• Establish Pakistan as the most favored regional nation for education, entertainment, military assistance, reconstruction, and medical care

Tackling the above conditions in a concrete enough manner will be daunting; nonetheless, ignoring the impossibility of addressing the insurgency in Afghanistan and the grey war in Pakistan without altering US and international policies on the region will only guarantee further suffering, waste of life, and an inability to combat extremism. The 2010 London Conference on Afghanistan was nothing but a joke, meant to signify solidarity amongst wary NATO allies. A new, earnest conference should be convened to address instability in the region with the following objectives in mind (on a sidetrack, Iran’s role will also need to be addressed to inhibit existing Sunni and Salafist interference in Pakistan):

  1. Gaining the Afghan government’s official recognition of the Durand Line (sorry, but Pakistan will never allow itself to be squeezed any further, despite the injustice to Afghanistan)
  2. Mutual armament reductions of Pakistani and Indian weaponry intended for conventional warfare
  3. Autonomy for Kashmir and imposition of a neutral monitoring force
  4. Establishing an expansive exchange training program with Pakistan for Afghan governance and military personnel
  5. Incorporation of Pakistan into the international security mission in Afghanistan
  6. Afghanistan’s assignment of ‘most favored regional nation’ status to Pakistan, promising favored access and necessitating involvement on reconstruction projects
  7. Significant international aid to bolster Pakistan’s educational, medical, and entertainment sectors

While not listed here, the belief is that the above objectives can rationally fulfill the qualifications that will allow Pakistan to abandon opposition forces that have been receiving support or using it as a safe haven. If Pakistan still chooses to side with opposition in Afghanistan despite these measures, then Holbrooke’s dream of supporting Pakistan in the face of the quagmire in Afghanistan and Pakistan is untenable.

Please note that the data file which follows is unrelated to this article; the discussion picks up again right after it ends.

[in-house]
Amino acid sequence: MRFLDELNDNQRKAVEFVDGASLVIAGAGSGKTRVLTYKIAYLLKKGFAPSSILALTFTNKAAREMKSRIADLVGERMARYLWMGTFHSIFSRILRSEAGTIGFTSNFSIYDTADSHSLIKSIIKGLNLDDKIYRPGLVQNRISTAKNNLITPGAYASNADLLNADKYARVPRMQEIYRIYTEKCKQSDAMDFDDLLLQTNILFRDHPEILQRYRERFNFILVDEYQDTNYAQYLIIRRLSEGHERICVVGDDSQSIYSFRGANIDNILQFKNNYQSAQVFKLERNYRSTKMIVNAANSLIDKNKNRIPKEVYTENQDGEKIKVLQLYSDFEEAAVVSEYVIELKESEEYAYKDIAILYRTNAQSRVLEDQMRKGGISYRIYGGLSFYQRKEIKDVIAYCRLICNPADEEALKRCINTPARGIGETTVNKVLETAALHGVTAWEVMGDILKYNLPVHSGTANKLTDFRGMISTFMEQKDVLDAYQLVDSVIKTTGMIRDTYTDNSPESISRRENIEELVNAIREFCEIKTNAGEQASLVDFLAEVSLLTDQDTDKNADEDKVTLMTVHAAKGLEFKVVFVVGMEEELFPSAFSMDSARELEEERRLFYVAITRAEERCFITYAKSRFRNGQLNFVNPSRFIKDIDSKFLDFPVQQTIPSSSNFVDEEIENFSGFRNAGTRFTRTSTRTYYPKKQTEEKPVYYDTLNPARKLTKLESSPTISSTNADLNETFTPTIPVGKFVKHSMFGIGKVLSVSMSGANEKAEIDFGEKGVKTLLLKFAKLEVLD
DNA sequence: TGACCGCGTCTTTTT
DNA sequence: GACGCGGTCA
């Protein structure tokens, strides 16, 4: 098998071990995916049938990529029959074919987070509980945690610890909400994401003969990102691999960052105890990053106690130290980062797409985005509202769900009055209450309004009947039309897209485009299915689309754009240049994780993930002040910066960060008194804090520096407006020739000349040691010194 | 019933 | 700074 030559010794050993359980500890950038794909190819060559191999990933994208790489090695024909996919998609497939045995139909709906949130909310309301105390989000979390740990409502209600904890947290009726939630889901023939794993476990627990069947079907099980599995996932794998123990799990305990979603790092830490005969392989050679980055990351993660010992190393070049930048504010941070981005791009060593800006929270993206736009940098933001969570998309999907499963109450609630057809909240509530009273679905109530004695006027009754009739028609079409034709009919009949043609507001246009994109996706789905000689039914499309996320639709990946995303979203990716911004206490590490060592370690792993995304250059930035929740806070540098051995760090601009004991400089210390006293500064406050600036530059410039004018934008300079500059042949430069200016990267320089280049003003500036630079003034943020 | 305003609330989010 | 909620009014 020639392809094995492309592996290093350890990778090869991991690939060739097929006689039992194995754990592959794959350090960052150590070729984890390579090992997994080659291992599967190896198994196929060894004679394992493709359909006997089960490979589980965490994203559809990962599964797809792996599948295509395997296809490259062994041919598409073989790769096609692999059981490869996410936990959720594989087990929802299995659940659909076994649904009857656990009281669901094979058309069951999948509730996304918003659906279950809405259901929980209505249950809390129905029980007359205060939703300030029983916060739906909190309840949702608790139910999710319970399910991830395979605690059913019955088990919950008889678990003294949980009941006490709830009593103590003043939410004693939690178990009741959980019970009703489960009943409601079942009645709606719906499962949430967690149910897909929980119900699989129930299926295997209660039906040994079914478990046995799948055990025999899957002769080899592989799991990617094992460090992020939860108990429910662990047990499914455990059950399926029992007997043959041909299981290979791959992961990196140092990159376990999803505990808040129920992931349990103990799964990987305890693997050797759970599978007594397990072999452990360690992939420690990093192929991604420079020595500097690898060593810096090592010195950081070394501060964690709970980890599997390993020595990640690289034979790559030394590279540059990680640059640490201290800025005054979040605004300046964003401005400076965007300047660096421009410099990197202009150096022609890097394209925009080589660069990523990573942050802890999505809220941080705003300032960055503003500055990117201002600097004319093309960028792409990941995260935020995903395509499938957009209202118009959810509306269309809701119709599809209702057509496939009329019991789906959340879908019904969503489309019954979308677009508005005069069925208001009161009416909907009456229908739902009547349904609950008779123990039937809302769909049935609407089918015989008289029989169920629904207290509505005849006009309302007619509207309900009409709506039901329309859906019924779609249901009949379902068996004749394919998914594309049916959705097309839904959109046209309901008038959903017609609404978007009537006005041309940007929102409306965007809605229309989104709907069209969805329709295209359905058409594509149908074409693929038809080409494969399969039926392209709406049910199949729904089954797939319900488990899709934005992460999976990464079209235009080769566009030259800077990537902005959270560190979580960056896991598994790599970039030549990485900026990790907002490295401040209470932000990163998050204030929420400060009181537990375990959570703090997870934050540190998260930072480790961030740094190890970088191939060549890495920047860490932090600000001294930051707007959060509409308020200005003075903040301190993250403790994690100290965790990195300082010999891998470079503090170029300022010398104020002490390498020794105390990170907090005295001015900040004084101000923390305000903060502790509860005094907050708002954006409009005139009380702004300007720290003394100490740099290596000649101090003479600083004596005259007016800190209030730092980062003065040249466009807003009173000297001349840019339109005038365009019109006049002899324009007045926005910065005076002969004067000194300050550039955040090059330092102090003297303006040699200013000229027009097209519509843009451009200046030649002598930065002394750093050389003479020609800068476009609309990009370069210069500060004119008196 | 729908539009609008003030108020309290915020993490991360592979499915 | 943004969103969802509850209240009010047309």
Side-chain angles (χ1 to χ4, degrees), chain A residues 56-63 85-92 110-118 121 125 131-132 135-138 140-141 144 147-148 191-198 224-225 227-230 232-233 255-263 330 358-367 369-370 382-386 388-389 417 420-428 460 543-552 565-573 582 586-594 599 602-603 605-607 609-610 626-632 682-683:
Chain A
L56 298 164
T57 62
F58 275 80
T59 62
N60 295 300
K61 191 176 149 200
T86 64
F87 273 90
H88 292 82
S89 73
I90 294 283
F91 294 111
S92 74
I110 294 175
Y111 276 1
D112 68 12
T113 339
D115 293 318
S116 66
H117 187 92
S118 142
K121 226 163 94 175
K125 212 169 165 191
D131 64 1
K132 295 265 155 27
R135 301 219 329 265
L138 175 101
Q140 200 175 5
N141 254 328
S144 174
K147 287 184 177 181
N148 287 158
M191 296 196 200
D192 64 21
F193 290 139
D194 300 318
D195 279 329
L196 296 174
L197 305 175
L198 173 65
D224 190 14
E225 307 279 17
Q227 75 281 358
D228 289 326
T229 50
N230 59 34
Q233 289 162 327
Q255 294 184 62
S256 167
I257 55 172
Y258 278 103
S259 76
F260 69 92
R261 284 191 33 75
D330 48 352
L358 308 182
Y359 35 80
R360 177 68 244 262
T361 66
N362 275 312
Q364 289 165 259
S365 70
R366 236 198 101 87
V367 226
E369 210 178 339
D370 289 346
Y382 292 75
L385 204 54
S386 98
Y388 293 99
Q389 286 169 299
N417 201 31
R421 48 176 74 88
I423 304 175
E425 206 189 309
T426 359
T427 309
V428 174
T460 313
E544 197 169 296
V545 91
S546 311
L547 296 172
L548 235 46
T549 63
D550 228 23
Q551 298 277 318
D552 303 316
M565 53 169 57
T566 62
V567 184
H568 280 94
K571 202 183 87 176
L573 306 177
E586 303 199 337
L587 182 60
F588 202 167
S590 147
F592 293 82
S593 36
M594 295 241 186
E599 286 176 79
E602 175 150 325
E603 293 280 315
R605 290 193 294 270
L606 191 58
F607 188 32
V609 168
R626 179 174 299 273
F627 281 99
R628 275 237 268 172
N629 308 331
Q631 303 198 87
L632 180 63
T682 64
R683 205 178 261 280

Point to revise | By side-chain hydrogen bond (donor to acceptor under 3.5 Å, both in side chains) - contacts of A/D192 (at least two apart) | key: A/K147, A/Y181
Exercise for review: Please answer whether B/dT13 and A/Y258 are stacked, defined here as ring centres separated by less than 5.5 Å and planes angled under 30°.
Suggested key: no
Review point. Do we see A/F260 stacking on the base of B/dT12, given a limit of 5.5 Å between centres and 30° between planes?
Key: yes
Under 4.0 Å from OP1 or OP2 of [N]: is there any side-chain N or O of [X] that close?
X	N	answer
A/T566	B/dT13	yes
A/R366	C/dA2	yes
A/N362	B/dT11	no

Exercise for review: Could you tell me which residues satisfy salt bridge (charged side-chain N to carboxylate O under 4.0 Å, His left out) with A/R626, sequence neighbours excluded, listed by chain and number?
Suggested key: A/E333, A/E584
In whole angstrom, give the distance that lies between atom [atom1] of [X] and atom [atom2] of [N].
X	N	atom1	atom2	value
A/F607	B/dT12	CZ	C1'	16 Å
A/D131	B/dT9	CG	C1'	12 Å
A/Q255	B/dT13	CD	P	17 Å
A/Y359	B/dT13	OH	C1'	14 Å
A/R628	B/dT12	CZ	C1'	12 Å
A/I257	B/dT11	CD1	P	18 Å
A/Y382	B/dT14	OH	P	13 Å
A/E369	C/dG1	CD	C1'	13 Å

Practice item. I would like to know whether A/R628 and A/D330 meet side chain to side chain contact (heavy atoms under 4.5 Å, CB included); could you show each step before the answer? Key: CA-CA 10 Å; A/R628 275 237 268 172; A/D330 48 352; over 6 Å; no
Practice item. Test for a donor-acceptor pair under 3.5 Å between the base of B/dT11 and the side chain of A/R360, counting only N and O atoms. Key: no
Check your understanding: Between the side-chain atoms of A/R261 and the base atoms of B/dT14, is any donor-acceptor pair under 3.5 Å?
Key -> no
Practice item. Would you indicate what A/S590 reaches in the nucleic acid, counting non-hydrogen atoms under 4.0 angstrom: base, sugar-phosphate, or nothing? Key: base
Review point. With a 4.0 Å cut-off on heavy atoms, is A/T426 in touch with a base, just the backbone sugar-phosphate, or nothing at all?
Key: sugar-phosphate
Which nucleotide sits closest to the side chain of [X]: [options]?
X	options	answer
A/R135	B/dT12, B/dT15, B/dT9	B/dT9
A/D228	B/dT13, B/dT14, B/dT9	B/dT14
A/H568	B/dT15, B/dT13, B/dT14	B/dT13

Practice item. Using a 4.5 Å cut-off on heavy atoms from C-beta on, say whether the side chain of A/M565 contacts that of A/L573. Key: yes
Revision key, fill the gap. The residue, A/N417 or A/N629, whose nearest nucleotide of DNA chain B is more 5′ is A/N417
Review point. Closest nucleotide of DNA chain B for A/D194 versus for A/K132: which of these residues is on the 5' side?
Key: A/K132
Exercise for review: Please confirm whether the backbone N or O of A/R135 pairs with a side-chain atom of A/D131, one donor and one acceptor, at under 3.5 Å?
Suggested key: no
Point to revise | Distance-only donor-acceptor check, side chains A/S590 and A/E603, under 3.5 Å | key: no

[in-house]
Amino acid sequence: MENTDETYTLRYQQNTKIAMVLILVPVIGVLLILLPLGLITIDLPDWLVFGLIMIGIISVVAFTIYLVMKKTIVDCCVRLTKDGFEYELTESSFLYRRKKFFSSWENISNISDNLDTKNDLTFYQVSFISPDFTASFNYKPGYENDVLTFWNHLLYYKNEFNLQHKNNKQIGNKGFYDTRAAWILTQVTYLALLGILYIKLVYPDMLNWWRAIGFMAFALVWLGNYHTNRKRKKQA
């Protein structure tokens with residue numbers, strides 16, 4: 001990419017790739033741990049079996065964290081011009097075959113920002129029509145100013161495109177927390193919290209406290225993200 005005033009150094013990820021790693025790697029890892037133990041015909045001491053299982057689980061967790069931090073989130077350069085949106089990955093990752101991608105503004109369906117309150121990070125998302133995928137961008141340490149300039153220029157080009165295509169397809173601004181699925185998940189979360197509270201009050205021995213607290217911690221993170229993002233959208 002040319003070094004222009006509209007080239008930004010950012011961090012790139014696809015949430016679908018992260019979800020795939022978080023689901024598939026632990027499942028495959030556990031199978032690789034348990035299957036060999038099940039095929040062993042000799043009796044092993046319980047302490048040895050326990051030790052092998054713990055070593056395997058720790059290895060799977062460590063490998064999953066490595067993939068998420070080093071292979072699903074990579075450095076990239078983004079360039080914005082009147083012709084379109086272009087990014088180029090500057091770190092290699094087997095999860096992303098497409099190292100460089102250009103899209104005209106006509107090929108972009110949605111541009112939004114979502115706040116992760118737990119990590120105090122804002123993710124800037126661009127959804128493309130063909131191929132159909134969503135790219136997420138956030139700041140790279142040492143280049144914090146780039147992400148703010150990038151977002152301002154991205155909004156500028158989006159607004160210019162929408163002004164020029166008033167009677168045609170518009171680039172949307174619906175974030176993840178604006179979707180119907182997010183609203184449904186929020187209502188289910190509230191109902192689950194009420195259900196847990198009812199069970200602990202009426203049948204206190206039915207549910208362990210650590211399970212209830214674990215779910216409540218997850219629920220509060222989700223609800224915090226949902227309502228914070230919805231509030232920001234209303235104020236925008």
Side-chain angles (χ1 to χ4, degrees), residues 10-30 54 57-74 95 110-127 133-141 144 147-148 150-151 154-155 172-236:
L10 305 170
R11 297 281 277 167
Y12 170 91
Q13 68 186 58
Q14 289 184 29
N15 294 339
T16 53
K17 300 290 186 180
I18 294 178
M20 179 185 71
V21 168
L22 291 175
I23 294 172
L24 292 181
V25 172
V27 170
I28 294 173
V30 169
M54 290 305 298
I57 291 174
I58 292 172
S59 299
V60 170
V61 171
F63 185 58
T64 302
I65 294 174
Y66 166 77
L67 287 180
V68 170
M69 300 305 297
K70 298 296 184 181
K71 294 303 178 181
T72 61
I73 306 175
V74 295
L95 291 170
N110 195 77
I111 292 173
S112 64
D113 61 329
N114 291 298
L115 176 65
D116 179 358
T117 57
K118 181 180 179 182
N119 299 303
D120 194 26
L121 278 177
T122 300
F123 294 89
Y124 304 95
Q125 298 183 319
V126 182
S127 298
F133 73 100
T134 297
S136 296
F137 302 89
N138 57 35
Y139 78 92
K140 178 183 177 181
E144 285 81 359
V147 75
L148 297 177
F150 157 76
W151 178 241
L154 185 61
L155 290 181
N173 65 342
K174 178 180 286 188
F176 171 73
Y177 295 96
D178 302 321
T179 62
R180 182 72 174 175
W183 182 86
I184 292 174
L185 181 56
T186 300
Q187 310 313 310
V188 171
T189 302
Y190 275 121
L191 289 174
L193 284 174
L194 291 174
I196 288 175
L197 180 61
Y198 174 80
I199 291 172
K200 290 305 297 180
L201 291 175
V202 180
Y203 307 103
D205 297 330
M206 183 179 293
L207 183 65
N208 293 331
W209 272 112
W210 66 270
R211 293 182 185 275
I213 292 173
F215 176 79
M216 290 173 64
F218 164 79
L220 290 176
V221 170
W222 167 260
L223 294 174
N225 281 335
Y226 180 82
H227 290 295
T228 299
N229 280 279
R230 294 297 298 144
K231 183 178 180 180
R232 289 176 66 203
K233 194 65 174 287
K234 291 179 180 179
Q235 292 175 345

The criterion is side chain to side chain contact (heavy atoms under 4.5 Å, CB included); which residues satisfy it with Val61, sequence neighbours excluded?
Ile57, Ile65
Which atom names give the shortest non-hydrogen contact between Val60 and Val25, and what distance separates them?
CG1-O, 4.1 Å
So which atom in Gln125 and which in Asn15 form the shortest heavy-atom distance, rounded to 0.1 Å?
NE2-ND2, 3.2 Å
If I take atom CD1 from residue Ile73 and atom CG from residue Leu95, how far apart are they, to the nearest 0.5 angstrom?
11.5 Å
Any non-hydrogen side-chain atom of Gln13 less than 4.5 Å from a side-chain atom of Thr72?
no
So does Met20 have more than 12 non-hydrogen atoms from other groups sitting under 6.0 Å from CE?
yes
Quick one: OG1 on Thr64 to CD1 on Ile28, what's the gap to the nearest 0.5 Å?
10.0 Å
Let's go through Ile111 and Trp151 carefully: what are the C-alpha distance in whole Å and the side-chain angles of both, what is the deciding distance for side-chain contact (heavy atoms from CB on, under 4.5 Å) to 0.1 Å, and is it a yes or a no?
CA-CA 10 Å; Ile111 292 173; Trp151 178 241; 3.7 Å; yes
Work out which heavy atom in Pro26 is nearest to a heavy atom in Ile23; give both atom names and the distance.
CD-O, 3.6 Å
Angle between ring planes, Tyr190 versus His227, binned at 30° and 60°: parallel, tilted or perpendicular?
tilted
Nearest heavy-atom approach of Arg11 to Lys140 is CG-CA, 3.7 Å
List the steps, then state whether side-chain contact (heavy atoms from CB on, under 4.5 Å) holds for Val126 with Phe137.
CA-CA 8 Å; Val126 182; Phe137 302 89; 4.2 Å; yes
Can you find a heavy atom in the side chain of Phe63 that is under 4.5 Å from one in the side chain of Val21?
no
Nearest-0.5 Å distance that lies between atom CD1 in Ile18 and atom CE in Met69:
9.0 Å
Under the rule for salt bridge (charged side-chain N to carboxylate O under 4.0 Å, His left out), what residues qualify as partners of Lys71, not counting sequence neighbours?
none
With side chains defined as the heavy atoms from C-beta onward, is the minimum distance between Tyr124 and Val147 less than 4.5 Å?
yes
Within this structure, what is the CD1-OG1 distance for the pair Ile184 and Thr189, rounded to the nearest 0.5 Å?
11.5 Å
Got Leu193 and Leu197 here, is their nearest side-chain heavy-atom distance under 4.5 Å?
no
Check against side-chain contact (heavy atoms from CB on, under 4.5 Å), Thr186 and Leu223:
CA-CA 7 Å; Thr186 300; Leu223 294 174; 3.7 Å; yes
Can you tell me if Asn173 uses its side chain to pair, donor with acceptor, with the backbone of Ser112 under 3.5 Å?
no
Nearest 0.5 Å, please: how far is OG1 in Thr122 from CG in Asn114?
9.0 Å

Ali A. Riazi
Ali A. Riazi

Ali is an independent advisor on conflict and foreign affairs and an advocate for civilian protection. He has advised the Office of the Secretary of Defense, US military, NGOs, and intelligence oversight staff on topics, such as Afghanistan, civilian protection, irregular warfare, and civil-military affairs. His 13+ years of career experience have spanned humanitarian and national security circles and involved extensive experience throughout the Near East and Central Asia.

Ali earned a BA in Government & Politics (summa cum laude) and a Minor in International Development & Conflict Management from the University of Maryland, College Park. Additionally, he served as an Undergraduate Teaching Assistant in International Political Economy. He is currently pursuing an MLitt in Terrorism Studies through the University of St. Andrews.

Ali's other blog interests can be followed at, and he can be found on Twitter at!/ali_riazi.